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Bitcoin Mining Difficulty Drops Significantly — Will it be Enough to Entice Miners Back?

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  • Darryn Pollock
    ⭐ Features

    The price drop in Bitcoin has had its effect on the mining industry, and as such, there has been a monumental fall in its difficulty

Bitcoin Mining Difficulty Drops Significantly — Will it be Enough to Entice Miners Back?
Cover image via u.today
Contents

The latest drop in price for Bitcoin, which saw it fall dramatically below the $6,000 mark to settle just under $4,000, has had a detrimental effect on the mining ecosystem of the cryptocurrency. It has seen a host of major mining pools and organisations shut down their miners.

However, as is the nature of Bitcoin and its decentralised network of miners, as the mining input decreases, so does the hashrate, and thus the difficulty of mining Bitcoin also decreases. The hashrate of Bitcoin has been in decline since October, but the continued exodus has seen the difficulty drop by 15 percent, the second-largest drop in history.

Mining is always a fine balance of profitability, and while the price of the asset has made it unprofitable for most miners, it remains to be seen whether this drop in hash, and subsequent ease in difficulty, will be enough to entice miners back and push the hashrate up again.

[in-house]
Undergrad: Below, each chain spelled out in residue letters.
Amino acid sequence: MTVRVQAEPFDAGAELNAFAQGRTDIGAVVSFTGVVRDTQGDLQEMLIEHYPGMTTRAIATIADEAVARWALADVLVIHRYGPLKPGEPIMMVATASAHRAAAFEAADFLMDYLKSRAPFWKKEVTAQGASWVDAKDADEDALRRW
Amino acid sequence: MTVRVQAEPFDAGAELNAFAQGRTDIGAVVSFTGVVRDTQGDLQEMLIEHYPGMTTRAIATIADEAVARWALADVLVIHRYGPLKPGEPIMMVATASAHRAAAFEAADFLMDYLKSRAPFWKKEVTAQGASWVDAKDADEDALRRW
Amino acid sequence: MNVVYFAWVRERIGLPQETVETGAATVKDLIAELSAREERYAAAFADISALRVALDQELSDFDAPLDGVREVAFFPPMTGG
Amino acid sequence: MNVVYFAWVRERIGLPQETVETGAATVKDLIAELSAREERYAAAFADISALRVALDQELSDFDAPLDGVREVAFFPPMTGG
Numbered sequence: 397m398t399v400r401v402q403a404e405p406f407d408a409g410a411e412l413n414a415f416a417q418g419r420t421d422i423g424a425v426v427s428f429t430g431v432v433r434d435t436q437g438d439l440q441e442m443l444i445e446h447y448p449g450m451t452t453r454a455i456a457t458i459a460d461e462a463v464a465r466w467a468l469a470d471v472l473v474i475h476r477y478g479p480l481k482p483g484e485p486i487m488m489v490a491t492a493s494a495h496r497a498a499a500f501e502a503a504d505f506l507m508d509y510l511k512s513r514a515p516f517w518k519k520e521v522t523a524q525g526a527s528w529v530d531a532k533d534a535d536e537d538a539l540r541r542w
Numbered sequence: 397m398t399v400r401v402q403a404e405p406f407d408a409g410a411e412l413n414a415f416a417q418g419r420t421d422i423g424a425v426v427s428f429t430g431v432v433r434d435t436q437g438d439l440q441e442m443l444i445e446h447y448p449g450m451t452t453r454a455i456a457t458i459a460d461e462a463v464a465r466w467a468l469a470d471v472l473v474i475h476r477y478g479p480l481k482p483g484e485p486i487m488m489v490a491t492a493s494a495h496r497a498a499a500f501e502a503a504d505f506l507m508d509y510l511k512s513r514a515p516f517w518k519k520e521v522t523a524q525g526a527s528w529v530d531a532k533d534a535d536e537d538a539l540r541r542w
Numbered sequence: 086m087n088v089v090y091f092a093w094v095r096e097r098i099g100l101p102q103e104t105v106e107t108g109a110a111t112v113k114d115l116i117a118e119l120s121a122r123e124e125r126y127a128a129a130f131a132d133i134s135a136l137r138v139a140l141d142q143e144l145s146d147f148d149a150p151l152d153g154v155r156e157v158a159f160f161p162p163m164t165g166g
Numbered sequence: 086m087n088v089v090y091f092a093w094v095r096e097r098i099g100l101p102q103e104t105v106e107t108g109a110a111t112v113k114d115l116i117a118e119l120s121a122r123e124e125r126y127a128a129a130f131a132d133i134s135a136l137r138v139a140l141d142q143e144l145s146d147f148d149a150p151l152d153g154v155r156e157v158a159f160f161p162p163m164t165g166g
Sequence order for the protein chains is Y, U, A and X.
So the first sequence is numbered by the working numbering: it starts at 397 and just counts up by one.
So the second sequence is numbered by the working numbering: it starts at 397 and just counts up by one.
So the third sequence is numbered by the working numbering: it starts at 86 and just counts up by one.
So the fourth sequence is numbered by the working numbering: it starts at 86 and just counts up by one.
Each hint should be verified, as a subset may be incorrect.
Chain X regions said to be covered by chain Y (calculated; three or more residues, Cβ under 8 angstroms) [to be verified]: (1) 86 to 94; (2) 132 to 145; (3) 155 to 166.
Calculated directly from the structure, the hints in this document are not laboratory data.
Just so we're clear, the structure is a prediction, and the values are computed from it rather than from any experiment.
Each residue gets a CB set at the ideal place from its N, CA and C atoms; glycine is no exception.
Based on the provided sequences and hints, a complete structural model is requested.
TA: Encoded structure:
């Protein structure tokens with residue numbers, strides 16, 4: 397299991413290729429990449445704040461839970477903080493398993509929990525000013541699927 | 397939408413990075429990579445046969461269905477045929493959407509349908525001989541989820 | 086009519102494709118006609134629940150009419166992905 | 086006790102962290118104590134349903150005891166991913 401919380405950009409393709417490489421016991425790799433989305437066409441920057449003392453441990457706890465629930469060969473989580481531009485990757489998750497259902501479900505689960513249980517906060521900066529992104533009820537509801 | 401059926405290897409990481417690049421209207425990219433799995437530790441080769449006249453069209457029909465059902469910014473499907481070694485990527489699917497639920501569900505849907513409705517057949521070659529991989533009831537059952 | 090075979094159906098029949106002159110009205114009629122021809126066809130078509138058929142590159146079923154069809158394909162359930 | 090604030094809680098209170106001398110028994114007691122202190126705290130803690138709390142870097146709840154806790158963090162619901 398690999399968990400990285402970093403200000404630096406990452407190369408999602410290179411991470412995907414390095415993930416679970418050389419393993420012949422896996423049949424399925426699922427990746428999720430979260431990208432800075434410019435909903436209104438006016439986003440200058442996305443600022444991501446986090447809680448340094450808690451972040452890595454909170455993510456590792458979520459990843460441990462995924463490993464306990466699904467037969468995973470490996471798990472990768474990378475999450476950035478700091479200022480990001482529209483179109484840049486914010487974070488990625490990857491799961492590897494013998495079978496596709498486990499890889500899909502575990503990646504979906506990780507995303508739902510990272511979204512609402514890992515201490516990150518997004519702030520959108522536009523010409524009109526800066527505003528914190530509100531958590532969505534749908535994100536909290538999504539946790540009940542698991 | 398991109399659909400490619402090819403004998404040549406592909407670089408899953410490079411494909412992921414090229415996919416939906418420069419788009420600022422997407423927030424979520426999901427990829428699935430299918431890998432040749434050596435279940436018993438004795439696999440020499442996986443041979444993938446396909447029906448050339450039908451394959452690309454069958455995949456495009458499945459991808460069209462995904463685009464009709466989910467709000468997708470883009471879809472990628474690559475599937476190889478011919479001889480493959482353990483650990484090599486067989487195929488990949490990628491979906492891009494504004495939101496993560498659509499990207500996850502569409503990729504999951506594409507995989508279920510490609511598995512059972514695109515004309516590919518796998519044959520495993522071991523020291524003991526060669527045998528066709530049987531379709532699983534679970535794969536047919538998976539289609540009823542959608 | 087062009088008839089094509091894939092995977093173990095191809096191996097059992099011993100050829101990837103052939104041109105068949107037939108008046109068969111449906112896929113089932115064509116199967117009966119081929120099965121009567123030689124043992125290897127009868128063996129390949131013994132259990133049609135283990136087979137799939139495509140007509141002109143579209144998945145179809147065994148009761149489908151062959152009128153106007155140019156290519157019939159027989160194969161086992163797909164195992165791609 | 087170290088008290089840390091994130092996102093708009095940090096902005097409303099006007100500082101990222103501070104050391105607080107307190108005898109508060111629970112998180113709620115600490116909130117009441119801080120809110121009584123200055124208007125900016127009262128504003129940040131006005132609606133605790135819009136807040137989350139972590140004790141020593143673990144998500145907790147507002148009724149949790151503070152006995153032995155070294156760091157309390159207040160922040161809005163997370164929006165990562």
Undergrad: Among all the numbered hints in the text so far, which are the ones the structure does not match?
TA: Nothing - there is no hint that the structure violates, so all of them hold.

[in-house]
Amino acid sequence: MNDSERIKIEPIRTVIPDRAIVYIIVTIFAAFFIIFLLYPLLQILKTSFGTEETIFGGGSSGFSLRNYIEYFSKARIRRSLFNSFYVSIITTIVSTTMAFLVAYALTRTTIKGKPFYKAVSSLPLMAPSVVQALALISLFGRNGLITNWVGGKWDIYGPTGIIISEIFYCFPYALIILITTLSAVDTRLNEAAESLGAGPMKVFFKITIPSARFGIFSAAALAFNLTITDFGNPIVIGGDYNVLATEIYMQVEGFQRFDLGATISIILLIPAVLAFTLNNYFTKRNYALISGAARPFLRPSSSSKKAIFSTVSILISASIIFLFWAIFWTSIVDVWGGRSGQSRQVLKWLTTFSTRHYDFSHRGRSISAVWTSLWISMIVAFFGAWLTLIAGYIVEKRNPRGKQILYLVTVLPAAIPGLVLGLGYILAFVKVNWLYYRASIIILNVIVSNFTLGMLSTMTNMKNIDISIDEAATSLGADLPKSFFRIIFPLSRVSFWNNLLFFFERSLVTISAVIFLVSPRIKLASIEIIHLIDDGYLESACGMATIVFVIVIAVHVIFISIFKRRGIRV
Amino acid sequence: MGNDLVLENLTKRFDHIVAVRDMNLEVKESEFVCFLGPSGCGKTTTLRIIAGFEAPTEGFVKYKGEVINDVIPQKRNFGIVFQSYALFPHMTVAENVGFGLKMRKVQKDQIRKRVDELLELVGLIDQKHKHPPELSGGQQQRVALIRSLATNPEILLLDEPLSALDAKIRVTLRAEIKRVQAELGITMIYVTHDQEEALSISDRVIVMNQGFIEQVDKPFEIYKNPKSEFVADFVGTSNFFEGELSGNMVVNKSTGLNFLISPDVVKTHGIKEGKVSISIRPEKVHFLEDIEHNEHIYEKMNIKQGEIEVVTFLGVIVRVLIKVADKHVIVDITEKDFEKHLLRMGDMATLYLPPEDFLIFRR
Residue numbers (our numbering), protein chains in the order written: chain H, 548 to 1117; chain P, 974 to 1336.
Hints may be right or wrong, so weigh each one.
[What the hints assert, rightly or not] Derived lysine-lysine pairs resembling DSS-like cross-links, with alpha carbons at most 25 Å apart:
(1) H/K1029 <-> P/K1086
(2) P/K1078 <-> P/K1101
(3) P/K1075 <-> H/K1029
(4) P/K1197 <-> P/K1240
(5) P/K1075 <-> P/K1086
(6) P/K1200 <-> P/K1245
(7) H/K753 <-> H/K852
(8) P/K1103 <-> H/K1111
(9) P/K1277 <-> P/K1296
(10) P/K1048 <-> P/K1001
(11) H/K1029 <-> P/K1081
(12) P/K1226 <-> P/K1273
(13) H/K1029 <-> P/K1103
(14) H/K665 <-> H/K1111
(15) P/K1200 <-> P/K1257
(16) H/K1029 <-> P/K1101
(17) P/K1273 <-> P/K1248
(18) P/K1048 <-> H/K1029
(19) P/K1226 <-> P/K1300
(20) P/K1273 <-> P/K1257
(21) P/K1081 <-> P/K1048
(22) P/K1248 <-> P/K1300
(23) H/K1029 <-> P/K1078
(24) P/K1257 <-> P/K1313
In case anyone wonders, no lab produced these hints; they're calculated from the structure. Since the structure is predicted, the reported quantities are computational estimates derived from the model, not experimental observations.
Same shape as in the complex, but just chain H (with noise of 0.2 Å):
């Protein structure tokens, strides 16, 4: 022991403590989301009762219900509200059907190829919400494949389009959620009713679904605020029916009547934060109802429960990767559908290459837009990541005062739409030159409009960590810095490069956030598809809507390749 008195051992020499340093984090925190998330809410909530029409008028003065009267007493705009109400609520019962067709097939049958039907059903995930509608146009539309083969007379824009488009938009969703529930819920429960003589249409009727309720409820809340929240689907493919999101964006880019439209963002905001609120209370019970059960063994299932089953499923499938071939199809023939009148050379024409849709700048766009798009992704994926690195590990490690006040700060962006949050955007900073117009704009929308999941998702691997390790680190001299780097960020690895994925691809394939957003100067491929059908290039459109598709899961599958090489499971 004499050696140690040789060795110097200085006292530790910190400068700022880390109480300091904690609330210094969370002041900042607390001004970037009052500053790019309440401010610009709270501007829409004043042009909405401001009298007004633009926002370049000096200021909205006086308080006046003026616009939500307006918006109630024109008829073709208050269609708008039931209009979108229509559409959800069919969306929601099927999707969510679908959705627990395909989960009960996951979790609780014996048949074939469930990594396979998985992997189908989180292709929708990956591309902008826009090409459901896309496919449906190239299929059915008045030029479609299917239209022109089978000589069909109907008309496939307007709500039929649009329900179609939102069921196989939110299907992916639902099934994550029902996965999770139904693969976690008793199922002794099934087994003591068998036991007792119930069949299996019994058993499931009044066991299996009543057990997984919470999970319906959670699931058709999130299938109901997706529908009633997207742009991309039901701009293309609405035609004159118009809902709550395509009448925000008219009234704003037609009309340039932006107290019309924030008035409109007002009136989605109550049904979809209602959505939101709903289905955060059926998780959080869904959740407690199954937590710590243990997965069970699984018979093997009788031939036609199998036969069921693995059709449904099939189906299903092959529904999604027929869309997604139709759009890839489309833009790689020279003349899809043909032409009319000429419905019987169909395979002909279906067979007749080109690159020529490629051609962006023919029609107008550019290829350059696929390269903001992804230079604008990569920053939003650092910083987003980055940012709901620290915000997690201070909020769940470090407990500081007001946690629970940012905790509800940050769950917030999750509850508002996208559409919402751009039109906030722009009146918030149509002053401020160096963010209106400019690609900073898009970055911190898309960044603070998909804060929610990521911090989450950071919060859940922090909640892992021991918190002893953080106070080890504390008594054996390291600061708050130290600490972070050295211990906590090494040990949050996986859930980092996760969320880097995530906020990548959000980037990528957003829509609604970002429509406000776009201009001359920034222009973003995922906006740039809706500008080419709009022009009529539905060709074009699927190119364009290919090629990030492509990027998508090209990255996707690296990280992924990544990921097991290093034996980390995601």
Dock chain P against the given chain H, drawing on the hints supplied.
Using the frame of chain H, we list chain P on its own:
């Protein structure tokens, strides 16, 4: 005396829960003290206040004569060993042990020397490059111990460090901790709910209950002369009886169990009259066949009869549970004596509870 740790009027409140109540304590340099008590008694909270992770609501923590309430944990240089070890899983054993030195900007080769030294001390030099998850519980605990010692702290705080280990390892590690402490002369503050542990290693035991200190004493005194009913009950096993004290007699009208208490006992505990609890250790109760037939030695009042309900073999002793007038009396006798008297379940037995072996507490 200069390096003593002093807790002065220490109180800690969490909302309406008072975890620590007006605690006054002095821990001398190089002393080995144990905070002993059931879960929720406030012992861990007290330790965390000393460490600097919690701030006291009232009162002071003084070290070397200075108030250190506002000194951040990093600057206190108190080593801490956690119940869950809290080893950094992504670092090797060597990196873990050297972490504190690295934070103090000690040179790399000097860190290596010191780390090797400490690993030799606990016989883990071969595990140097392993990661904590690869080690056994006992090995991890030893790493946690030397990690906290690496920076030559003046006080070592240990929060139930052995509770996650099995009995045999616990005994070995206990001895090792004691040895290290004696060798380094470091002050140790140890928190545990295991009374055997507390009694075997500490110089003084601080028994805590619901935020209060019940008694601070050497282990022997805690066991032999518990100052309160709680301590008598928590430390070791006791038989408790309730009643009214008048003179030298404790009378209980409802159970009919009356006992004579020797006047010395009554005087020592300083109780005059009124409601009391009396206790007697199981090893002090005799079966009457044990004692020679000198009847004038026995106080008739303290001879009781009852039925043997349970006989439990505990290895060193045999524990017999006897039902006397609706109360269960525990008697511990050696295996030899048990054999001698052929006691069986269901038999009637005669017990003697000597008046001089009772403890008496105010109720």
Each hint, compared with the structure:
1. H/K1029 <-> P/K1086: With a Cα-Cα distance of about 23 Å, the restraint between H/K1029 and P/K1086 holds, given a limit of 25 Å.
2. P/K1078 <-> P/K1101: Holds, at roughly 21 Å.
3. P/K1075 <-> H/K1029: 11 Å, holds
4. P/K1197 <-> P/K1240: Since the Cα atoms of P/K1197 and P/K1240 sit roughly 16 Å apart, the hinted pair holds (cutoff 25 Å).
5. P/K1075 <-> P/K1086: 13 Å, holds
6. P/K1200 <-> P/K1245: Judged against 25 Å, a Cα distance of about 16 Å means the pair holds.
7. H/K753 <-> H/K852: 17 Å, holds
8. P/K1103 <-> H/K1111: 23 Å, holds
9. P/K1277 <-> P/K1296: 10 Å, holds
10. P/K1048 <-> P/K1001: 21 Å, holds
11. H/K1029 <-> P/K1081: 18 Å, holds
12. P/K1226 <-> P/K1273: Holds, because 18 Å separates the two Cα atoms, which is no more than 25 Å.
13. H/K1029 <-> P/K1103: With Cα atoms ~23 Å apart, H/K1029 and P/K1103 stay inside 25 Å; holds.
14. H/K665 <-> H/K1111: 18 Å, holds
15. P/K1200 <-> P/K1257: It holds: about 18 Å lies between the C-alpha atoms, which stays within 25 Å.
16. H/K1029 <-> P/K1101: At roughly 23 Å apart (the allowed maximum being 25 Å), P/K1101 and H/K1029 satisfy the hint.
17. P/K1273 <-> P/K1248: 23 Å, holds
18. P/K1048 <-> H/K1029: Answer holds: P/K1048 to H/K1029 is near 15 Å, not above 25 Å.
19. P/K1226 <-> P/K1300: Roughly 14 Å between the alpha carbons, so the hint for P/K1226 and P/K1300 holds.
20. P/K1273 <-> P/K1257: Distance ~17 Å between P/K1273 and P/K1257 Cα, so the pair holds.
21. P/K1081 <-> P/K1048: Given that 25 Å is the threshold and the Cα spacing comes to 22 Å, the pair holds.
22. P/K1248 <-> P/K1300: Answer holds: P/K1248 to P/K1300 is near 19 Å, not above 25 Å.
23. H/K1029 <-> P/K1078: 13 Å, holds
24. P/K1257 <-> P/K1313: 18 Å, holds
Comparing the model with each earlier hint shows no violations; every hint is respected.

A downturn in hash

The general movement of Bitcoin’s hashrate has almost always been in an upward trend thanks to general price uptrend coupled with rapid advancements in mining technology. However, the drop in October was an overall effect of a bear market which has lasted nearly a full year.

With the price of Bitcoin hovering below $4,000, it is understandable that profit-driven miners are shutting up shop as it is estimated that it costs, on average, about $4,500 to mine a single coin.

With this drop amounting to an 18 percent decrease in difficulty, it is substantial, considering the last time the difficulty decreased was on July 15, and such decreases have been a rare occurrence over the past several years.

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What to make of it?

There are two arguments that are raging on either side of the Bitcoin coin. Some believe that this drop in price is actually a good thing as it gets rid of all the speculative investors and those who were never in the technology for the right reasons.

However, some also feel that this is the beginning of the end for Bitcoin and other cryptocurrencies. The mining algorithm change is a microcosm of this same argument as some see it as a chance for new and healthy developments, while others predict a death spiral.

Bitcoin mining is an integral part of the cryptocurrency, and the fact that this latest price drop is so significant as to cause at least 100,000 individual miners to shut down, according to Autonomous Research LLP. Fundstrat Global Advisors LLC, is serious business.

However, the fact that the difficulty is decreasing is part of the reason why Bitcoin mining can still remain profitable regardless of the price. It can equalise to a point where it once again is profitable and could entice miners back into the fold, regardless of the price.

eToro Senior Market Analyst Mati Greenspan said recently that the latest hashrate decline is a healthy market development, given the parabolic rate at which it grew over the previous 12 months — even as prices plunged.